TCV

An Innovative Tool to Measure Citizens’ Hassle in Accessing Public Services

Demystifying innovation, putting citizens at the centre of efforts to improve public service delivery and generating better results. Show more

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eveloping citizen-centric metrics to measure inefficiency

Last year, Abdur Rahim, a poor farmer from Kurigram a remote, northern district in Bangladesh, had to travel to the Upazila (sub-district) veterinary hospital which was over 30 km away to seek treatment for his cattle. A week later, he had had to visit the hospital again for the follow up treatment. The lengthy consultation queues and multiple trips ate up 2 full days of his time and cost him BDT 2,500+ for travel alone since he had to hire a small truck to transport the animals.

Recently, however, an animal health service camp was set up in Abdur’s village and as a result, his costs in terms of time and travel expenses have decreased significantly. A TCV (time, cost, and number of visits) study revealed that by providing ‘services at doorsteps’, the animal health service camp had reduced 77% of the time, 97% of the entire cost by eliminating the need for citizens to visit facilities located far from their village.

TCV: Placing citizens at the centre of efforts to improve public services

Reducing TCV has now become the byword for innovation within the Bangladesh government.

Reducing the time, cost and number of visits it takes for citizens to access public information and services puts them at the centre and offers simple parameters to measure and communicate efforts to improve public services and their delivery systems.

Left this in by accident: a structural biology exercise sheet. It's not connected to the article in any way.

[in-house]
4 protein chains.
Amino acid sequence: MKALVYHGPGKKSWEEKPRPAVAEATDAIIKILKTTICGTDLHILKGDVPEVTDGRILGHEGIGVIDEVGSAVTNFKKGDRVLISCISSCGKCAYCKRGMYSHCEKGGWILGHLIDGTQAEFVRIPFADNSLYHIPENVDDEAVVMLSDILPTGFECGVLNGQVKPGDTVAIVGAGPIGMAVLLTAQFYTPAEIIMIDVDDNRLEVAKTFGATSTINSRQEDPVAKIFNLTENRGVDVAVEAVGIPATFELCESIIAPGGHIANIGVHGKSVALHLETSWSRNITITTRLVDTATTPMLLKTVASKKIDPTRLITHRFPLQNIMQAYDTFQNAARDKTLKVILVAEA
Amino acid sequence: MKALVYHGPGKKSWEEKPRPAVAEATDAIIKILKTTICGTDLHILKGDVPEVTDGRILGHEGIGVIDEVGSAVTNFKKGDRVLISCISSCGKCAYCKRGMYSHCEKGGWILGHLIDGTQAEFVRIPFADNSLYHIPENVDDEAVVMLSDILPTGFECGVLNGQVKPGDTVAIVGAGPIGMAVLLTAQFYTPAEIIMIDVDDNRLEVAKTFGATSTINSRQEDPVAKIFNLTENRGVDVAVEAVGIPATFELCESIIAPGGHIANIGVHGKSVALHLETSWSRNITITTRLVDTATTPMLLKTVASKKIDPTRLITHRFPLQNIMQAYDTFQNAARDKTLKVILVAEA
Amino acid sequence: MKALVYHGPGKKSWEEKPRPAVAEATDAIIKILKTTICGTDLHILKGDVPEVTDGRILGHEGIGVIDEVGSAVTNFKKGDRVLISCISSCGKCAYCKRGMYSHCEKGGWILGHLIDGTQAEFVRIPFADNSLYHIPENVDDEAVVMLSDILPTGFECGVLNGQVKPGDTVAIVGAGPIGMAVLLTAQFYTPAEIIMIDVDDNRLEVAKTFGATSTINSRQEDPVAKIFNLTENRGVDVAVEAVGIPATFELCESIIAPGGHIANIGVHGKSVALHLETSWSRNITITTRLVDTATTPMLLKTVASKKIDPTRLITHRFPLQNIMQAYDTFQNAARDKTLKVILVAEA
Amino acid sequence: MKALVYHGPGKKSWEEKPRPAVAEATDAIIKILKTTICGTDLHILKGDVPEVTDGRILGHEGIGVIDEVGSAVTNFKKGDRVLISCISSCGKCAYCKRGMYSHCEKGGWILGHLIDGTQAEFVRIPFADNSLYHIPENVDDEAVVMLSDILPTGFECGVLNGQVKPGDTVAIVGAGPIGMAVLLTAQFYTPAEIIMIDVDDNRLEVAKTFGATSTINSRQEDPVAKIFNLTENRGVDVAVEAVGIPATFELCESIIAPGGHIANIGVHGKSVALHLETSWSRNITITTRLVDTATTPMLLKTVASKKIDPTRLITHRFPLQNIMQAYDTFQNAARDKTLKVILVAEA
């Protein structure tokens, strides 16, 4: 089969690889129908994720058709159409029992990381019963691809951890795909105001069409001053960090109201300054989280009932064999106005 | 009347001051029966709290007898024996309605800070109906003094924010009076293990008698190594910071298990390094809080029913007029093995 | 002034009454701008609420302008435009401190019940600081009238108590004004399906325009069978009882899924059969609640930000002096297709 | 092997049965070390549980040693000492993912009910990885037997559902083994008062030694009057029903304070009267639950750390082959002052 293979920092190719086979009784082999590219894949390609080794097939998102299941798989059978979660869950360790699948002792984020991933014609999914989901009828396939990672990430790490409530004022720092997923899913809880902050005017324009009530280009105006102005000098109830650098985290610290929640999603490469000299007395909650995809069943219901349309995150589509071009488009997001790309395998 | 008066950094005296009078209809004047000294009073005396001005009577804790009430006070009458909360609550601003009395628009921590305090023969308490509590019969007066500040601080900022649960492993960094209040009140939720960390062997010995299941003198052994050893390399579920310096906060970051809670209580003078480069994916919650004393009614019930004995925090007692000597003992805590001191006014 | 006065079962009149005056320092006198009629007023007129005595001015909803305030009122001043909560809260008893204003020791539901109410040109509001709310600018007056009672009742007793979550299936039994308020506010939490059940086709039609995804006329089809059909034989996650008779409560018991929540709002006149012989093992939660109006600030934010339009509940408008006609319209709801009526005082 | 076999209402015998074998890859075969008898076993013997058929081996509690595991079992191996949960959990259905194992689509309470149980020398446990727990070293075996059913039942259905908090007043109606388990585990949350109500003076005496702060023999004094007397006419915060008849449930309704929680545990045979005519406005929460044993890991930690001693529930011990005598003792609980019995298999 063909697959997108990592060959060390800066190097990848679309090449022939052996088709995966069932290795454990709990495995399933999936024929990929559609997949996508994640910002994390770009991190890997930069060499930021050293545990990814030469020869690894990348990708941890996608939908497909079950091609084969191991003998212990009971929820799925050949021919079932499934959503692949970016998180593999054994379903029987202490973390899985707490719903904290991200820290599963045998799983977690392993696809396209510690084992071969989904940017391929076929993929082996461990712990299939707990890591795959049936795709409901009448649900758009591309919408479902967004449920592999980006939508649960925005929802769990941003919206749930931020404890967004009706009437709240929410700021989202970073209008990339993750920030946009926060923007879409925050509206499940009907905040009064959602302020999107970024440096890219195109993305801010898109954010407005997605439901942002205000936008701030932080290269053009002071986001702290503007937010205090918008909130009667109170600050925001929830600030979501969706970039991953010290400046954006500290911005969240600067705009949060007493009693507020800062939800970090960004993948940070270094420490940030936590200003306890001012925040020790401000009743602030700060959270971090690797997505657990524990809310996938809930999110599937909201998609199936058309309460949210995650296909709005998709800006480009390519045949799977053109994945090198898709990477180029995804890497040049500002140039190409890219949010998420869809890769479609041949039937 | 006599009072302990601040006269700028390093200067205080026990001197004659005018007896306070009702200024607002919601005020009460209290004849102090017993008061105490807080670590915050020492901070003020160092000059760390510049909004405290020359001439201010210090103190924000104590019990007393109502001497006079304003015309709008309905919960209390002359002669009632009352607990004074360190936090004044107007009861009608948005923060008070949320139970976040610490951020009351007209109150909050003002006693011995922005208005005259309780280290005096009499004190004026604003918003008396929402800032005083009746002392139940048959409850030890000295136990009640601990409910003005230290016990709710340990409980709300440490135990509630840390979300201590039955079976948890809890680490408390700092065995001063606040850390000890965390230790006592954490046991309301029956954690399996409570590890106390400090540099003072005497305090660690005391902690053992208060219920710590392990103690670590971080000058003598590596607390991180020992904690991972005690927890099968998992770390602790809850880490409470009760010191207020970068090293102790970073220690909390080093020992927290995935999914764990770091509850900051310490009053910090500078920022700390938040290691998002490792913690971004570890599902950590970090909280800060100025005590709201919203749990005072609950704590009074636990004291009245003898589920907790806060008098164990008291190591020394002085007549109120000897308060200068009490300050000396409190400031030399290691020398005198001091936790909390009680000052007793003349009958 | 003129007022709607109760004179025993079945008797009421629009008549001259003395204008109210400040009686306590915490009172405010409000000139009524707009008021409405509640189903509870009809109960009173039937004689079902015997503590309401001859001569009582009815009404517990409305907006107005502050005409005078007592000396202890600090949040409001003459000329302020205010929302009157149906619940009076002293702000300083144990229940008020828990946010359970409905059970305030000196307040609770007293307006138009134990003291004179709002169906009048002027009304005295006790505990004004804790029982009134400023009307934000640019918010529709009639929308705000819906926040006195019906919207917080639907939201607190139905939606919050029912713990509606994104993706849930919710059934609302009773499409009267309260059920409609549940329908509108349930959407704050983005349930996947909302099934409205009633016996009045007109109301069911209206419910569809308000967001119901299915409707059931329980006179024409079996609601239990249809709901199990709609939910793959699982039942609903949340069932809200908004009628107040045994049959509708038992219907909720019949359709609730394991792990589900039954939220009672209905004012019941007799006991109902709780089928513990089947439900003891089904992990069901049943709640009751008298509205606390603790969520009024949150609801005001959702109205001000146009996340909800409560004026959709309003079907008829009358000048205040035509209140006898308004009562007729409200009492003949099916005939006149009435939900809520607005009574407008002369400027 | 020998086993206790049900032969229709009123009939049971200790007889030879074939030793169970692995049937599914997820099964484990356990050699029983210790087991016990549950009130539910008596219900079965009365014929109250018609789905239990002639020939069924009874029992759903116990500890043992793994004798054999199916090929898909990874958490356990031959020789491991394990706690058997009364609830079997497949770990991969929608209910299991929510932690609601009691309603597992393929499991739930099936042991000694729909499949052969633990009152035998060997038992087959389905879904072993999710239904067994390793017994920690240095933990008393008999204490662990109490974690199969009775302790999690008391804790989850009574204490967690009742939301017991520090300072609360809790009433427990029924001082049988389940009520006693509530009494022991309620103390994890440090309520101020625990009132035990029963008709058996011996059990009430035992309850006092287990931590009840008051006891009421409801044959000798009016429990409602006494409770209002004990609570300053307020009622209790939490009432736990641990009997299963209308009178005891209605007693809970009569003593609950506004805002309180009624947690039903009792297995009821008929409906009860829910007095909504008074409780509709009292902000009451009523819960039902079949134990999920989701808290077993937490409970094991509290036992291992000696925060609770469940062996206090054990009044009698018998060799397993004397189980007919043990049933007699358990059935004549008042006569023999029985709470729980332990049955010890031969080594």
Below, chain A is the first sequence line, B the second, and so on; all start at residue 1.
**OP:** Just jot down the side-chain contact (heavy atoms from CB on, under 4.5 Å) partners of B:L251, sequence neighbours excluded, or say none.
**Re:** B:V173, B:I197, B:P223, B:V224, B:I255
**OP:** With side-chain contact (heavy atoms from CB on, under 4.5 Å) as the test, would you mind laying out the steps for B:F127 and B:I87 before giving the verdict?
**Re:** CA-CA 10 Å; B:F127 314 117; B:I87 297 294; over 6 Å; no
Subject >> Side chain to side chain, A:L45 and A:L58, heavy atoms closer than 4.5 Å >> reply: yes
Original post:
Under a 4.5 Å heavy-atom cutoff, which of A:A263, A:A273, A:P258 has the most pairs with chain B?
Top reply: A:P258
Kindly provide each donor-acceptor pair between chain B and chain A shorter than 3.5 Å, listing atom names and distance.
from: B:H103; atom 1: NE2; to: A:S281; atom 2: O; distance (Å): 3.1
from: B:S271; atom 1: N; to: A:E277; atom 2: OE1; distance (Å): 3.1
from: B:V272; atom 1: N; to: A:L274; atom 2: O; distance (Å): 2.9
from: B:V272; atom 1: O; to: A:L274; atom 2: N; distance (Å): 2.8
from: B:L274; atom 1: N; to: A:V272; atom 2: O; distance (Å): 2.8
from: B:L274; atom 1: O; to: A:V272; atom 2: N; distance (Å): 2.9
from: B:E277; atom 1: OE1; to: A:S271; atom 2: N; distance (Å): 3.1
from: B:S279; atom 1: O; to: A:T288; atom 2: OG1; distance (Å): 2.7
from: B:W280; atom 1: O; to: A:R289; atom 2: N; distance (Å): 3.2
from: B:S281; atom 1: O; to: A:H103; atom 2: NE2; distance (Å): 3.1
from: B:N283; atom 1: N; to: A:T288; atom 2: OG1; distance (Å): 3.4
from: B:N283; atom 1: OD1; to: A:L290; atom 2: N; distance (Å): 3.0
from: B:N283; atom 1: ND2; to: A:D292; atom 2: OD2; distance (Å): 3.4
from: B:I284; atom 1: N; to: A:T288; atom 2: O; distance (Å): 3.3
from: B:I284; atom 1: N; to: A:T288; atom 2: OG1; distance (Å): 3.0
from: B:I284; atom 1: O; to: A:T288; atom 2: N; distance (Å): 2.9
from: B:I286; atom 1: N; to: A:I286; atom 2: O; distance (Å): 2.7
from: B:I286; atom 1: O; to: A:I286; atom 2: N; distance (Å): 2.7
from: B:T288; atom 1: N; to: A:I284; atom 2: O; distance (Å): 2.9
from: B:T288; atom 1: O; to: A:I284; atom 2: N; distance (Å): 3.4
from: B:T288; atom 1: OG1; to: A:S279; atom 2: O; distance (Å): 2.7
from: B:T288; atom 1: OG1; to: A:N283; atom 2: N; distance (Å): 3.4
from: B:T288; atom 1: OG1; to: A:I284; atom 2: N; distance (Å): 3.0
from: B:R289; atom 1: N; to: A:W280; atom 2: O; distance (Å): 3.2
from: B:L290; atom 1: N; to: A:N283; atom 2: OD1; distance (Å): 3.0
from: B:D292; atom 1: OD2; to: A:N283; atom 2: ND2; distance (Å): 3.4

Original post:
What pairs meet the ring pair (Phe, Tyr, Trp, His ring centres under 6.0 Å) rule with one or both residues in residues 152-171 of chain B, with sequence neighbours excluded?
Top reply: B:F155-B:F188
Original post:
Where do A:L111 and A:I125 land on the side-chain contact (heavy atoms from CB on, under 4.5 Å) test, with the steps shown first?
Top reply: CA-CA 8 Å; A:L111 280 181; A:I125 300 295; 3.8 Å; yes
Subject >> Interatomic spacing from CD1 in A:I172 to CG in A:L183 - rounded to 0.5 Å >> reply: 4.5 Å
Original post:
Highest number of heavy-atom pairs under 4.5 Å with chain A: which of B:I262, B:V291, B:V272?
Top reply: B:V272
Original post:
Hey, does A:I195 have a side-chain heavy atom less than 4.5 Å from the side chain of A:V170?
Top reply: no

However, when a2i first started talking to civil servants and development practitioners about innovation; they almost immediately got bogged down in debates around what did or did not constitute innovation. What exactly is ‘innovation’? How do you identify it? How do you measure how ‘innovative’ something was? Opinions were sharply divided at the senior levels while frontline government employees – who were closer to citizens and thus potentially had more ideas to contribute – found it difficult to even conceptualize it.

TCV as a results management tool

TCV also helped replace confusing and frequently misinterpreted jargon like ‘outcome’ and ‘impact’. Since civil servants and development practitioners understand exactly what indicators to record and track, it has contributed immensely to an increase in the amount and quality of data that is collected and made available. Thus, TCV is also gaining popularity as a results-management tool.

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